In the four games prior to Northwest women’s basketball facing No. 10 Fort Hays State Jan. 25, the Bearcats faced a halftime deficit.
Those deficits, ones ranging from as little as 6 points to as much as 18 points, went on to extend during the second half — leaving the Bearcats with four consecutive losses.
After the first 20 minutes of action against the Tigers, that changed. Northwest found itself with a 32-25 lead.
A lead that would eventually disappear, letting Hays (16-3, 7-3 MIAA) escape with a 70-59 win over the Bearcats (8-10, 3-6 MIAA).
The absence of a hot start during the recent skid led to Northwest coach Austin Meyer changing the starting lineup, one that was relatively consistent despite the recent void left by an injured senior guard Kendey Eaton.
The lineup, typically, consists of juniors Jaelyn Haggard and Mia Stillman, seniors Eaton and Erika Schlosser and freshman Paityn Rau.
Instead, Haggard and Eaton were replaced by junior guard Kylie Coleman and junior guard Mallory McConkey, respectively.
The lead at the break, Meyer said, was in part due to the change in the lineup, particularly with inserting McConkey. That change, along with tweaks to the gameplan, willed Northwest to perhaps its best half of play this season.
“It was as complete of half as we’ve played all year,” Meyer said. “It was just, No. 1, getting (McConkey) in the game, she’s been our best player as of late. She puts pressure on defenses, she scores, gets to the foul line, she’s rebounding, she’s tough.”
The lead, built by the best 20 minutes of basketball that Northwest played this season, dissipated over the second half.
Due to a 17-4 run by Hays spanning across the first five minutes of the third quarter, the Tigers took a 42-36 lead. That lead, unlike the one that Northwest watched slip away, stuck.
Facing a 50-44 deficit at the end of the third quarter, there was still hope for the Bearcats. That hope, similar to the aforementioned lead for Northwest, diminished. There was a spark from Coleman, one that was much needed in the absence of Eaton, who led the team in scoring before the injury.
However, Coleman’s 17-point outing wasn’t enough to save Northwest from dropping its fifth straight.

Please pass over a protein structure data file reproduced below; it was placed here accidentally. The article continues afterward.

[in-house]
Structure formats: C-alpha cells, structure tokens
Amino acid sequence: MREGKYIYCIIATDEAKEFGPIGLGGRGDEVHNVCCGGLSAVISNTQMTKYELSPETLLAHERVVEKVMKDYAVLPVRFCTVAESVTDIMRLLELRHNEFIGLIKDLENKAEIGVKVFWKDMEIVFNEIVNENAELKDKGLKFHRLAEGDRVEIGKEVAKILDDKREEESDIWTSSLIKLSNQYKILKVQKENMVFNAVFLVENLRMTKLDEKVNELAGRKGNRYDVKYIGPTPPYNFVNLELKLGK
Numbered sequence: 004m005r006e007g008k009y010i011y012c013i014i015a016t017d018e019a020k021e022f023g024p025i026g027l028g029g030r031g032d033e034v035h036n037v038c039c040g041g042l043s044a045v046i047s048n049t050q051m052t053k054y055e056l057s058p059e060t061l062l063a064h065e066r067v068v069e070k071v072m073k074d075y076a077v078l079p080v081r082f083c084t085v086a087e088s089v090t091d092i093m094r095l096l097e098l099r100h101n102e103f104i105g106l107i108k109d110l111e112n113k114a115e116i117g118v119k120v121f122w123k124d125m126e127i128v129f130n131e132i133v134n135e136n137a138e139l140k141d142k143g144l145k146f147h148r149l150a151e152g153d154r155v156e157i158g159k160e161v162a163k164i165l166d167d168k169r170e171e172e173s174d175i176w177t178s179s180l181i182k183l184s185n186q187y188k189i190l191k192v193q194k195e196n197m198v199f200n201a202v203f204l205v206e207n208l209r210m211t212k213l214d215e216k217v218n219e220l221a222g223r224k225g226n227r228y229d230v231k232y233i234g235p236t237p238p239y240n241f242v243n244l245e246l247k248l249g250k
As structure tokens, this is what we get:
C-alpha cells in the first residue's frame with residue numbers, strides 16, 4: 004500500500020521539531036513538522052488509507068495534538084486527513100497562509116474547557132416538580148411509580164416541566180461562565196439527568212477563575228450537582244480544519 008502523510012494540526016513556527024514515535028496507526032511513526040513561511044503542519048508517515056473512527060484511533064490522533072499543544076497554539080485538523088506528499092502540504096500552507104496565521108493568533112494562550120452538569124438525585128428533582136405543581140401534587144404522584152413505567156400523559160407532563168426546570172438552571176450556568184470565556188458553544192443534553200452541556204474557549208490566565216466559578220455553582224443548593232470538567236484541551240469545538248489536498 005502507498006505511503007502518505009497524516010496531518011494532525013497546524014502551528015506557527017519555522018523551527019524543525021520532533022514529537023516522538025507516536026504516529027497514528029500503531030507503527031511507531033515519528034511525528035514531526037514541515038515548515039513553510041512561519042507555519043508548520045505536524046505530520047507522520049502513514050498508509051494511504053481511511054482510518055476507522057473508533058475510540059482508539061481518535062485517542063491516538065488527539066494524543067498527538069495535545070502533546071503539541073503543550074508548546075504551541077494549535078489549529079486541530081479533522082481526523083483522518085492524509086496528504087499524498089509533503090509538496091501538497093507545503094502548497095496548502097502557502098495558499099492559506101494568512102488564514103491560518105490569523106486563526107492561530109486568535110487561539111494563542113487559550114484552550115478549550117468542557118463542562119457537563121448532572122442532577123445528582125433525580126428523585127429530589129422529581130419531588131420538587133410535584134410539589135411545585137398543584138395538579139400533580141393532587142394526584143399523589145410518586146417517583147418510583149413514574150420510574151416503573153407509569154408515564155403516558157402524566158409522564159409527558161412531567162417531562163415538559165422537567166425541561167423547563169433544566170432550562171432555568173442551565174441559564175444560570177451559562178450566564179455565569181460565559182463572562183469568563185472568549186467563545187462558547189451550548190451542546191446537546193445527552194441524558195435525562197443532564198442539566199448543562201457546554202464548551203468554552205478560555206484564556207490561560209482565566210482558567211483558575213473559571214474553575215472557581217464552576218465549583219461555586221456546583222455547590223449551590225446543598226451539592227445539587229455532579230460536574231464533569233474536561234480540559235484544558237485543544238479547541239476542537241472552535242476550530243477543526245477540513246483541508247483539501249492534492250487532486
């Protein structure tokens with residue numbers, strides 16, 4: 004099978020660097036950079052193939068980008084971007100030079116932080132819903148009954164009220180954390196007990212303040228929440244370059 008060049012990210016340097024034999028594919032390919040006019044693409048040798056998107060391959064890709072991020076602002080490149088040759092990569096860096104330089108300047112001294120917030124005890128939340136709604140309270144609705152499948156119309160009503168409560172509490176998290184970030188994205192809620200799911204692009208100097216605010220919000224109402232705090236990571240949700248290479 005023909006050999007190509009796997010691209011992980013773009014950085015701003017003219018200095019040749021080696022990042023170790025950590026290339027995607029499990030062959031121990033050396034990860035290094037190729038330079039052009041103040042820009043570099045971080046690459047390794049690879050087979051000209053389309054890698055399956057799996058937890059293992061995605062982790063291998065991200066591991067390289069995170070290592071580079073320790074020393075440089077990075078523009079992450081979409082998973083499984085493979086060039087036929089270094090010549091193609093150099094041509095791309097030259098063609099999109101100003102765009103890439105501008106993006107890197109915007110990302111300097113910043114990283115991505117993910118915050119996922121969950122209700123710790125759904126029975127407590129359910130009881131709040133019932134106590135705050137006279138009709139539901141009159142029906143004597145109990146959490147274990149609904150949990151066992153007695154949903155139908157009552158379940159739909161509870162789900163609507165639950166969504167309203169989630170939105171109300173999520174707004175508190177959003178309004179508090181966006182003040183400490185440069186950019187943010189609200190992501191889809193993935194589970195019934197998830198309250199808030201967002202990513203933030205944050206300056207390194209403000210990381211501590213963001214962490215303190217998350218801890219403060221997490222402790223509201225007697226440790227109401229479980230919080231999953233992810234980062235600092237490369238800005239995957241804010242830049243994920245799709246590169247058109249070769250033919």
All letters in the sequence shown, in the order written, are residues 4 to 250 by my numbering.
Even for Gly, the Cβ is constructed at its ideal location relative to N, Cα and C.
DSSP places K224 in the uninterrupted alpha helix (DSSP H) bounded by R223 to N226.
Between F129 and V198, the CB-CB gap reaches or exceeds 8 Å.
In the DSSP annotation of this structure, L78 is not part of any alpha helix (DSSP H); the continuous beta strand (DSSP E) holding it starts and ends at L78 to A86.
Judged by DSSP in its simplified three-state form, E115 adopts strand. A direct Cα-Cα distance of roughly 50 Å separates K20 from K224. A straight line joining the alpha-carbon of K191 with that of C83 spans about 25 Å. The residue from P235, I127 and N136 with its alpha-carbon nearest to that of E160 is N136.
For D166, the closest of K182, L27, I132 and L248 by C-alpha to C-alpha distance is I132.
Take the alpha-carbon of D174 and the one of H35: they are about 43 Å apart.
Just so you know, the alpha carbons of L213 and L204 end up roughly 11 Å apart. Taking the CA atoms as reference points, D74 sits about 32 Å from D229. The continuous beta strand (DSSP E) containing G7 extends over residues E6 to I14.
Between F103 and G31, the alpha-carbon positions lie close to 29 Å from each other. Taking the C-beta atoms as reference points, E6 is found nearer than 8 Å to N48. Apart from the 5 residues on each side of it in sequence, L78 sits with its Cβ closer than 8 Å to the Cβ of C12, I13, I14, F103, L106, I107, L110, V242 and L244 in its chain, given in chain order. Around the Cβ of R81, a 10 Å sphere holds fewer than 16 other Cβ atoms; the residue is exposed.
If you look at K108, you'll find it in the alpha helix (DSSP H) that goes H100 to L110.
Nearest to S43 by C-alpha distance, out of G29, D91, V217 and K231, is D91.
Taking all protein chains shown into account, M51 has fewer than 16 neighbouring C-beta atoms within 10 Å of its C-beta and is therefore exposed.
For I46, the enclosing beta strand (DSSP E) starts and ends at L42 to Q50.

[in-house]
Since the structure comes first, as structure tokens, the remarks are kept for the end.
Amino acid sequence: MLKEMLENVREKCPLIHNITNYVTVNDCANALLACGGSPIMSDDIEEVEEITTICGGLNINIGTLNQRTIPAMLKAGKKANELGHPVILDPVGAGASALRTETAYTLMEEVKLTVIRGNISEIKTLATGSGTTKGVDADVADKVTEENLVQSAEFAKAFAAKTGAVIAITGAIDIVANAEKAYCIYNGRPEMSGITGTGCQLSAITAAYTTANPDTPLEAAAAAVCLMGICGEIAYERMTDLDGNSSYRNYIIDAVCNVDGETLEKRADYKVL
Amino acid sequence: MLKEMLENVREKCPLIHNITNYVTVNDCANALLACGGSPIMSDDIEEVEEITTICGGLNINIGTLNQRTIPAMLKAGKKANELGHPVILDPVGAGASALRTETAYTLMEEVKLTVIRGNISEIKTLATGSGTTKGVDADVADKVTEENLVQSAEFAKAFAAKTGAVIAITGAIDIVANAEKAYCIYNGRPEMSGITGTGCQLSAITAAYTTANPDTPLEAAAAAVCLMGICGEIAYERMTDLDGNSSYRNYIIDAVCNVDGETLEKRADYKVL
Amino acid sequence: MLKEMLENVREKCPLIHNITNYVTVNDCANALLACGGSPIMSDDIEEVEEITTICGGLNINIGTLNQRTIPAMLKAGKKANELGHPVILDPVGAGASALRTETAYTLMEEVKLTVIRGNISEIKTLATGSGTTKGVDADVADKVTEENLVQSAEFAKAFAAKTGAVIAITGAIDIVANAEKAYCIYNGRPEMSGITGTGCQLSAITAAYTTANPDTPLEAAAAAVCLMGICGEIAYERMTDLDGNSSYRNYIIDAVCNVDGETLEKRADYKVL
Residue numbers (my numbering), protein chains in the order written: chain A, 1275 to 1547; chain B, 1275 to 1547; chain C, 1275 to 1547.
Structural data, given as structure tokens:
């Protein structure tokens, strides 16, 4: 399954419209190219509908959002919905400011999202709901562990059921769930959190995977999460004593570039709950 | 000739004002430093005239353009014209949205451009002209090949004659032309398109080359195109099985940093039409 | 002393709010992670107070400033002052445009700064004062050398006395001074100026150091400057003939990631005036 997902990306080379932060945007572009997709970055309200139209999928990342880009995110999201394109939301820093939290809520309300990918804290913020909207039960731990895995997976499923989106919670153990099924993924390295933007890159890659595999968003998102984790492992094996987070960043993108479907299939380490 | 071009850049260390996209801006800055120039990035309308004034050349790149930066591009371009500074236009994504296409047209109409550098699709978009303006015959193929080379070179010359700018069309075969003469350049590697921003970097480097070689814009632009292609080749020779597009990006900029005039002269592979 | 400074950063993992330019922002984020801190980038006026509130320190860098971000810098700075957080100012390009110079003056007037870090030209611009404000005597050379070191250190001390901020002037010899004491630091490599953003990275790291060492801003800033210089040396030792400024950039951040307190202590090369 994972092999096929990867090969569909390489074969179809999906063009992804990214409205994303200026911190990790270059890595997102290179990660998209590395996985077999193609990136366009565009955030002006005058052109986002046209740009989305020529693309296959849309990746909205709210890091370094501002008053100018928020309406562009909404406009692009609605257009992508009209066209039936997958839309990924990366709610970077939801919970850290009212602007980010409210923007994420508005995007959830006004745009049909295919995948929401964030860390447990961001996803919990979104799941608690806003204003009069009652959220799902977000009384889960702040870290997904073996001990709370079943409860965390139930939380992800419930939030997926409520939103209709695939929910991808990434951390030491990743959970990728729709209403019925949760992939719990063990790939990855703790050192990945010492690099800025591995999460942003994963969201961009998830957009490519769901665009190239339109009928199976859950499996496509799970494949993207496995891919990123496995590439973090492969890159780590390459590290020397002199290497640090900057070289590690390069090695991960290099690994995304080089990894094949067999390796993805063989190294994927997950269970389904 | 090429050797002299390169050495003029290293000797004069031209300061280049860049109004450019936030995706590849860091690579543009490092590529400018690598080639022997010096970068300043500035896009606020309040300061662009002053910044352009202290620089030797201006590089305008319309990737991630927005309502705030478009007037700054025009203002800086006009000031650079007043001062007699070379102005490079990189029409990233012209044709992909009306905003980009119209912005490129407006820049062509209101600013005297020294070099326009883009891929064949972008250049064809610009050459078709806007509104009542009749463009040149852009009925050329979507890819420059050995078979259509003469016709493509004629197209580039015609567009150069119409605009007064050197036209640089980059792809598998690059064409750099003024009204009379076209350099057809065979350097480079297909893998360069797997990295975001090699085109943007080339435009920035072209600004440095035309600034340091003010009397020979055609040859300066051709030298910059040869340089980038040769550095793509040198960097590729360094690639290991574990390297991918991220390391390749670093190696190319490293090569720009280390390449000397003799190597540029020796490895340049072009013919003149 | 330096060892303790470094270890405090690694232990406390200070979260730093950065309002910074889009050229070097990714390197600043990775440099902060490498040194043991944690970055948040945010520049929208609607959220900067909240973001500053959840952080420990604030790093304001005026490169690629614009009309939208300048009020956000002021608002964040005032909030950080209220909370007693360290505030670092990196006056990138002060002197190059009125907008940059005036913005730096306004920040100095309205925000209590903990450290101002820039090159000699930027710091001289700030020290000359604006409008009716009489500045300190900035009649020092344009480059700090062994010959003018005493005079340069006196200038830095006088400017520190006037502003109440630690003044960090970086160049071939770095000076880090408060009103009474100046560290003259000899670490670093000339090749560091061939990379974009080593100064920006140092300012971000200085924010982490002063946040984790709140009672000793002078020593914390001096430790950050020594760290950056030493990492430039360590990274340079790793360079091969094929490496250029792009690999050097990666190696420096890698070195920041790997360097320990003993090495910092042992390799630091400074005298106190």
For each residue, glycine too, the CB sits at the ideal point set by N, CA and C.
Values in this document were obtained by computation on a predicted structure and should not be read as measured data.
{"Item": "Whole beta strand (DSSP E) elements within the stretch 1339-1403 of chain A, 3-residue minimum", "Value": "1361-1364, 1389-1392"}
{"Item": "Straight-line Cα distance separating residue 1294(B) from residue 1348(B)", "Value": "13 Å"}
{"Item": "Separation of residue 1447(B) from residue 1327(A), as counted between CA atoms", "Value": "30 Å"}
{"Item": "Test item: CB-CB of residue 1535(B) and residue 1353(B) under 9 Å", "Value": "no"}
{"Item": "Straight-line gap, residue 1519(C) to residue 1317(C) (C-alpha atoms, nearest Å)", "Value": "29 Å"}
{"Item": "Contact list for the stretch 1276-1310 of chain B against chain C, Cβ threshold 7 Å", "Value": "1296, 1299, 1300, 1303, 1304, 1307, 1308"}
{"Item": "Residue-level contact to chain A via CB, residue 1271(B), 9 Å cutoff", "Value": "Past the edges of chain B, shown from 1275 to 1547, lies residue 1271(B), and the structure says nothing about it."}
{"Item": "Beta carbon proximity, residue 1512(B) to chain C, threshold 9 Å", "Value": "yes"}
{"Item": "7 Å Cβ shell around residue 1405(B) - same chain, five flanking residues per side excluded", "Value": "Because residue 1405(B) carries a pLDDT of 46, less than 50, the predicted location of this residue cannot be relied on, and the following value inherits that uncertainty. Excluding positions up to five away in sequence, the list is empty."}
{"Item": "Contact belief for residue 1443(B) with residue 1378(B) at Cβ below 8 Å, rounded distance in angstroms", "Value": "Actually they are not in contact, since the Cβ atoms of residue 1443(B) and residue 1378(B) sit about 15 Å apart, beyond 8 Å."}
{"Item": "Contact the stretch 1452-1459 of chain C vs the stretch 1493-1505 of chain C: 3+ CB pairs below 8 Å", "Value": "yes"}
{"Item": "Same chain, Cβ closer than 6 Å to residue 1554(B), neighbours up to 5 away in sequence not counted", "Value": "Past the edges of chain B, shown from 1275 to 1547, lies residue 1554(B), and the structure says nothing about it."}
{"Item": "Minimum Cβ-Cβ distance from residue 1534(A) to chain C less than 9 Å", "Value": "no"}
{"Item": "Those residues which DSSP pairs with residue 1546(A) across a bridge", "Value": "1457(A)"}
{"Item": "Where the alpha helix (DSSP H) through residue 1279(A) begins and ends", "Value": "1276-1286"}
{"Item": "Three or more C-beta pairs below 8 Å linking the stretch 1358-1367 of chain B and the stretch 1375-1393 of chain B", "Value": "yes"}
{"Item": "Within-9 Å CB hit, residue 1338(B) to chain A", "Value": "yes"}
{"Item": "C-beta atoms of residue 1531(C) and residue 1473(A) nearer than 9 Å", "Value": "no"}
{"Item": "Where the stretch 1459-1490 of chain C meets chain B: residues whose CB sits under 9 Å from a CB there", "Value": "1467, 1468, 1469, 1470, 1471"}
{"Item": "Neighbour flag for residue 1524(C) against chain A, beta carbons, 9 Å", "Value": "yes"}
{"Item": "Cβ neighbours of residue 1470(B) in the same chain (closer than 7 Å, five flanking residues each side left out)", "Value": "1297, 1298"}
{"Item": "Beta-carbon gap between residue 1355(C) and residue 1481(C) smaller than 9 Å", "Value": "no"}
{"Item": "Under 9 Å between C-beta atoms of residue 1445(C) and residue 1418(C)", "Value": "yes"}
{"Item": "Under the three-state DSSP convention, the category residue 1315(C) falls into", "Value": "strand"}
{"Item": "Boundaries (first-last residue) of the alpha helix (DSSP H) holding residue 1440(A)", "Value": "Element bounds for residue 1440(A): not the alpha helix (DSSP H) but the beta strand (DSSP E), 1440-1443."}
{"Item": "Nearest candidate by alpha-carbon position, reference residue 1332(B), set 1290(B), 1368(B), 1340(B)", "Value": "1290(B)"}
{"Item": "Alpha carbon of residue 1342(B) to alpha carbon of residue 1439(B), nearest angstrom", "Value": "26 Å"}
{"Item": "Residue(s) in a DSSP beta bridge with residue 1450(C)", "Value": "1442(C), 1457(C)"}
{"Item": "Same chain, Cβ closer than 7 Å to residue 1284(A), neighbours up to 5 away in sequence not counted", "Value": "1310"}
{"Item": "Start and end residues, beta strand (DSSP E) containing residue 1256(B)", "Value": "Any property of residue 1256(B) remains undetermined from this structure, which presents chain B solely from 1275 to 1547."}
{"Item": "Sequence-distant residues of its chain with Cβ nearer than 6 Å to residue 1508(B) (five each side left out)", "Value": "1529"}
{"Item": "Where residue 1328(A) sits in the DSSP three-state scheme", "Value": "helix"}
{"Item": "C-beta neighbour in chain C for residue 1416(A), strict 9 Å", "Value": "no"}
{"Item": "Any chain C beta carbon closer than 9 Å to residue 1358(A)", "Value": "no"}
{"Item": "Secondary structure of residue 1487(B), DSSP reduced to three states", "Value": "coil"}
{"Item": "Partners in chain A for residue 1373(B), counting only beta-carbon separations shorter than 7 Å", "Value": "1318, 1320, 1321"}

“I think, personally, I’m just starting to realize that Kendey is out and we need to make up 14 points a game, because that’s what she averaged,” Coleman said. “I think Meyer has put a little bit of confidence in me and so has the rest of the coaching staff. So I think, in my head, I’m just at a better level than I was at the start of the season.”
Coleman’s outburst was accompanied by two others from McConkey and Rau. The senior contributed 15 points and 4 rebounds before fouling out with three minutes left in the game. The freshman etched a new career-high, matching Coleman’s effort of 17 points and added 4 rebounds.
Aside from McConkey, there hasn’t been all-that-much production elsewhere on the offensive end. Against the Tigers, that differed, leaving the Bearcats with the chance that they had against a top-10 team in the country.
“She was just talking about how she wanted to be that spark for us, to get the first half going,” Coleman said about a conversation with McConkey. “She certainly was.”
In the end, Northwest had three players score in double-figures, a sight that was welcomed by Meyer in the absence of his starting guard and leading scorer.
“Without Kendey, just finding other people that can score,” Meyer said. “If we can keep getting people more confident offensively, and then when Kendey comes back, we’re that much better.”
The lead, Meyer said, was due to the fact that Northwest was able to get stops and thoroughly execute in transition. That same lead being blown, he added, was because Northwest didn’t get stops in the second half, which minimized transition opportunities.
It was tough, McConkey said, to find themselves down heading into the fourth quarter after having a lead at the half. That, of course, is something that will need to be fixed, McConkey said.
The scoreboard dug Northwest to two games under a .500 record, leaving the Bearcats with another unwelcomed loss. However, Meyer said, the defeat provided a glimpse of future hope for a program that, in year’s past, struggled to fend for itself against top-level competition.
“We don’t want to get to where there are too many moral victories, because we do want to win, “ Meyer said. “But it’s showing that we’re competing.”
“I don’t love them,” Meyer added about moral victories. “But it’s where we’re at against good teams. So we’ve gotta make sure we’re staying positive, hanging our hat on things we did well.”
The snapping of the now five-game skid will be put on hold until at least Jan. 30 when the Bearcats head to Wichita, Kansas, to face Newman. One of two things will happen, Meyer said. The Bearcats are hoping for one, and refuting the other.
“I guess we don’t think of it as a losing streak,” Meyer said. “There’s a lot of season left, just gotta keep getting better and better. … You get better or worse, you don’t stay the same. I think we’ve gotta be a team that keeps getting better.”